New Report: State of Iowa Family Planning Program Sees Decrease in Members

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DES MOINES, Iowa — A new report from the Iowa Department of Human Services shows the number of people using the state’s Family Planning Program has drastically decreased from just under 6,000 members in 2017 to about 1,500 members in 2018.

Governor Kim Reynolds said this change is due to a shift.

“So there maybe has been a drop in the family services, but if you look at the family services provided through Medicaid we’ve actually seen an increase in the number served and the resources provided. So we need to take a look at that we need to take a look at how it’s currently being distributed we need to take a look at what the gaps are and what we need to do differently,” Gov. Reynolds said.

During that same time frame, the report shows people using Medicaid’s family planning services has increased by about two percent.

Planned Parenthood said because overall Medicaid users increased by four percent they believe the increase doesn’t verify that there was a shift.

“So you would anticipate some growth in medicaid overall but frankly the growth in family planning services provided in medicaid is much slower than that of the medicaid growth overall and so it just does not bear out the assertion that folks are being served in medicaid instead of the family planning program,” Iowa Executive Director of Planned Parenthood North Central States Erin Davison-Rippey said.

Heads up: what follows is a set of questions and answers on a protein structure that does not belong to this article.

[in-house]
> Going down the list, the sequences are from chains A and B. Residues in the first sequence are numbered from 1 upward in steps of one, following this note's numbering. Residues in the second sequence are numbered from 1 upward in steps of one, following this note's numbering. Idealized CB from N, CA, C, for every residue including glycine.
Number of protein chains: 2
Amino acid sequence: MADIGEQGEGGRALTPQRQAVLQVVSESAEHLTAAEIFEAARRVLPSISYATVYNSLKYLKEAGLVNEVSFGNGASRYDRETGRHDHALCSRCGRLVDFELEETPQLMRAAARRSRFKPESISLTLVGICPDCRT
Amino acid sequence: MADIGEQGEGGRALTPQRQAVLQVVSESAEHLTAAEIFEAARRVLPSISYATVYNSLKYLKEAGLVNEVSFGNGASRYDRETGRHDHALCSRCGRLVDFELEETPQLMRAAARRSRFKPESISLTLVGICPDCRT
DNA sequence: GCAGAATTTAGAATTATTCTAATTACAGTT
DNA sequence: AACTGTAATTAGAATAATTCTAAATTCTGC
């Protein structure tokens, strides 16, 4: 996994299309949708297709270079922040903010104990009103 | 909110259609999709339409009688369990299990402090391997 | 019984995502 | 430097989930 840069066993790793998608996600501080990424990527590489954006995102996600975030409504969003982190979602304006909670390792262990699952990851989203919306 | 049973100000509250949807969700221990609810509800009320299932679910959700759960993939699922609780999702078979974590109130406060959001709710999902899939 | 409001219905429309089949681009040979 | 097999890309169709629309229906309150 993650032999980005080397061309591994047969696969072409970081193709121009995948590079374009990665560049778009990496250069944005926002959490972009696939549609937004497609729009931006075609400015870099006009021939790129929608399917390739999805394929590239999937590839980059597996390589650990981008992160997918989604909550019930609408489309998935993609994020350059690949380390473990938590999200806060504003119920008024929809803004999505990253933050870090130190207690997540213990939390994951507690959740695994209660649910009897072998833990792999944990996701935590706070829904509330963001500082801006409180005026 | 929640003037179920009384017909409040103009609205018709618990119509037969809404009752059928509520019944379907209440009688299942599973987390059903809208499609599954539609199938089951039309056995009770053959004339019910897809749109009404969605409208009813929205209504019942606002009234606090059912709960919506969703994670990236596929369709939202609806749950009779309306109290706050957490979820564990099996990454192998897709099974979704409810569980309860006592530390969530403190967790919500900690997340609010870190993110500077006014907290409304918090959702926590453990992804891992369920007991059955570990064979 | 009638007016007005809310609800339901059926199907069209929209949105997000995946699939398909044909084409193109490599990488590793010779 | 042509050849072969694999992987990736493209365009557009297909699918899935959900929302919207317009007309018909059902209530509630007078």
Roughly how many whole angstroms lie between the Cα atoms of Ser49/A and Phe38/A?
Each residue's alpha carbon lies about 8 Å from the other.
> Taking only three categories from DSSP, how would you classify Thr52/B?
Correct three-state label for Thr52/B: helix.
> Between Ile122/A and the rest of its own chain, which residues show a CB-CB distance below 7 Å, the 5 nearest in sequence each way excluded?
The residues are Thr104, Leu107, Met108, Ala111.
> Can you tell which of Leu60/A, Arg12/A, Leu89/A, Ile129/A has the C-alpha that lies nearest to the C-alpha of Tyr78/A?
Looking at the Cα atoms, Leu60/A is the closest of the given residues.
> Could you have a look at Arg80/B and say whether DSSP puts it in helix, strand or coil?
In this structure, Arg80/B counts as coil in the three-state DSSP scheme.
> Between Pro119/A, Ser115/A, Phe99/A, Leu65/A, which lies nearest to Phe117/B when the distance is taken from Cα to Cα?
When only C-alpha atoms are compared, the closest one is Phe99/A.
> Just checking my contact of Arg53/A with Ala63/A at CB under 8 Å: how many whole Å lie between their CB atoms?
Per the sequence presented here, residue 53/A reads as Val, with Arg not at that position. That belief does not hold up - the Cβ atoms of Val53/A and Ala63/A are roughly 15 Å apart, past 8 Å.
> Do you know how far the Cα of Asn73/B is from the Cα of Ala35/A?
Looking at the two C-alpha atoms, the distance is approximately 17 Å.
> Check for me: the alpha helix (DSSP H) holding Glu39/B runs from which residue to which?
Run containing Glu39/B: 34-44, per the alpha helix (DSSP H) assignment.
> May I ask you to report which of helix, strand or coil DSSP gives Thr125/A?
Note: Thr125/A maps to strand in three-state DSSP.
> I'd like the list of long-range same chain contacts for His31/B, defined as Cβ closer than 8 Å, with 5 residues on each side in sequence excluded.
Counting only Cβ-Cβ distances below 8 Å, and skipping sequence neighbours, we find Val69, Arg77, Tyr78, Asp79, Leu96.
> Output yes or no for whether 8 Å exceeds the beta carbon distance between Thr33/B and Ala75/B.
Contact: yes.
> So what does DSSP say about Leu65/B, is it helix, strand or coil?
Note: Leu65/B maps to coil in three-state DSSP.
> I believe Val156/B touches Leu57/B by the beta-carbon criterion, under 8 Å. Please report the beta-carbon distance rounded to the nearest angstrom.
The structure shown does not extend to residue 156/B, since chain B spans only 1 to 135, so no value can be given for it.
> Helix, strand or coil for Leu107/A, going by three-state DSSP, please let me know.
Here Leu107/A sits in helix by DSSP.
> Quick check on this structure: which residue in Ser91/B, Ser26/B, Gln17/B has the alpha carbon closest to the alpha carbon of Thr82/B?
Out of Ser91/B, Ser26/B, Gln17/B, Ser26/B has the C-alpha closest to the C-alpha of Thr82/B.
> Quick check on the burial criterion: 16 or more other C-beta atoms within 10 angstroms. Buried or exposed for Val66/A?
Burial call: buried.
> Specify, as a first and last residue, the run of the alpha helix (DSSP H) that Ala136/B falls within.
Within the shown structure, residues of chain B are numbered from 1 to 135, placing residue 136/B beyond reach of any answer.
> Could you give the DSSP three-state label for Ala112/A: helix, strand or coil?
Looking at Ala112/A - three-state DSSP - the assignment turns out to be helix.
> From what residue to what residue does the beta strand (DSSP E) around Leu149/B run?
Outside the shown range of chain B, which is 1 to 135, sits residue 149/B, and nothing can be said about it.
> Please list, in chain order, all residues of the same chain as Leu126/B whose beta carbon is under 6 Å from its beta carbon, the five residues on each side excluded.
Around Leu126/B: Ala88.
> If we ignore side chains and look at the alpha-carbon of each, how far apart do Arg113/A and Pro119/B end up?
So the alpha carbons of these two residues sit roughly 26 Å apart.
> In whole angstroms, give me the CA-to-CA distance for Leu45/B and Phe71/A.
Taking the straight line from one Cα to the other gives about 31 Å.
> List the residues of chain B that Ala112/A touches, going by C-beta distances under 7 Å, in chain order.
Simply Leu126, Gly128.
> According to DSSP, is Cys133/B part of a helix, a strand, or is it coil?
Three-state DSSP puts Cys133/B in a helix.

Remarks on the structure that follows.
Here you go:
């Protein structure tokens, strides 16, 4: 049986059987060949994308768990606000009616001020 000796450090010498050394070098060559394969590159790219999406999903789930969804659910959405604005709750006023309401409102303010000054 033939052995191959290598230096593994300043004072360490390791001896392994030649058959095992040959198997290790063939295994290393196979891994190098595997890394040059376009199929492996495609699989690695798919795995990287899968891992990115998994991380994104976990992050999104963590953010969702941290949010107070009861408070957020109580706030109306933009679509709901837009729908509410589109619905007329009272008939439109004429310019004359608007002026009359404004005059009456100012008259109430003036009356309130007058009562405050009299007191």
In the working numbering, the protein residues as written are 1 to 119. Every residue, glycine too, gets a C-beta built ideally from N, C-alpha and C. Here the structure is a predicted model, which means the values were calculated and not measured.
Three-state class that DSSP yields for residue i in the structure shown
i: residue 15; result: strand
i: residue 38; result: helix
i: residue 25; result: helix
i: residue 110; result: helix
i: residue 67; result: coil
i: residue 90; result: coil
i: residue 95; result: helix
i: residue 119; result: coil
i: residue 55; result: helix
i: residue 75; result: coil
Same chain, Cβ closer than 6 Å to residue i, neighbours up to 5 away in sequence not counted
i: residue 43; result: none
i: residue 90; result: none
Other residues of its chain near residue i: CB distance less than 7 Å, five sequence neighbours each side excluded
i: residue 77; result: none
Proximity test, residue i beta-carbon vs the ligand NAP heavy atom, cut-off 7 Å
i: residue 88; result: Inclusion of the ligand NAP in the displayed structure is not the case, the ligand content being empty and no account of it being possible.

Reynolds said the state isn’t done examining all the data surrounding the issue.

“We need to take a look at that and see what’s happening, better understand it, find out why, where the gaps are at and what we need to do differently to address that,” Reynolds said.

Legislation cut Planned Parenthood out of the program in 2017 and organization leaders said they think this decrease shows there are now huge gaps in access and because of that providers are already seeing negative health effects like the rise in STI’s across the state.

“Without our ability to provide services under this program, participation rates have dropped, access is decimated and we appreciate the director mentioning that there is a need to figure out how to best serve Iowans and we need to be a part of that solution,” Davison-Rippey said.

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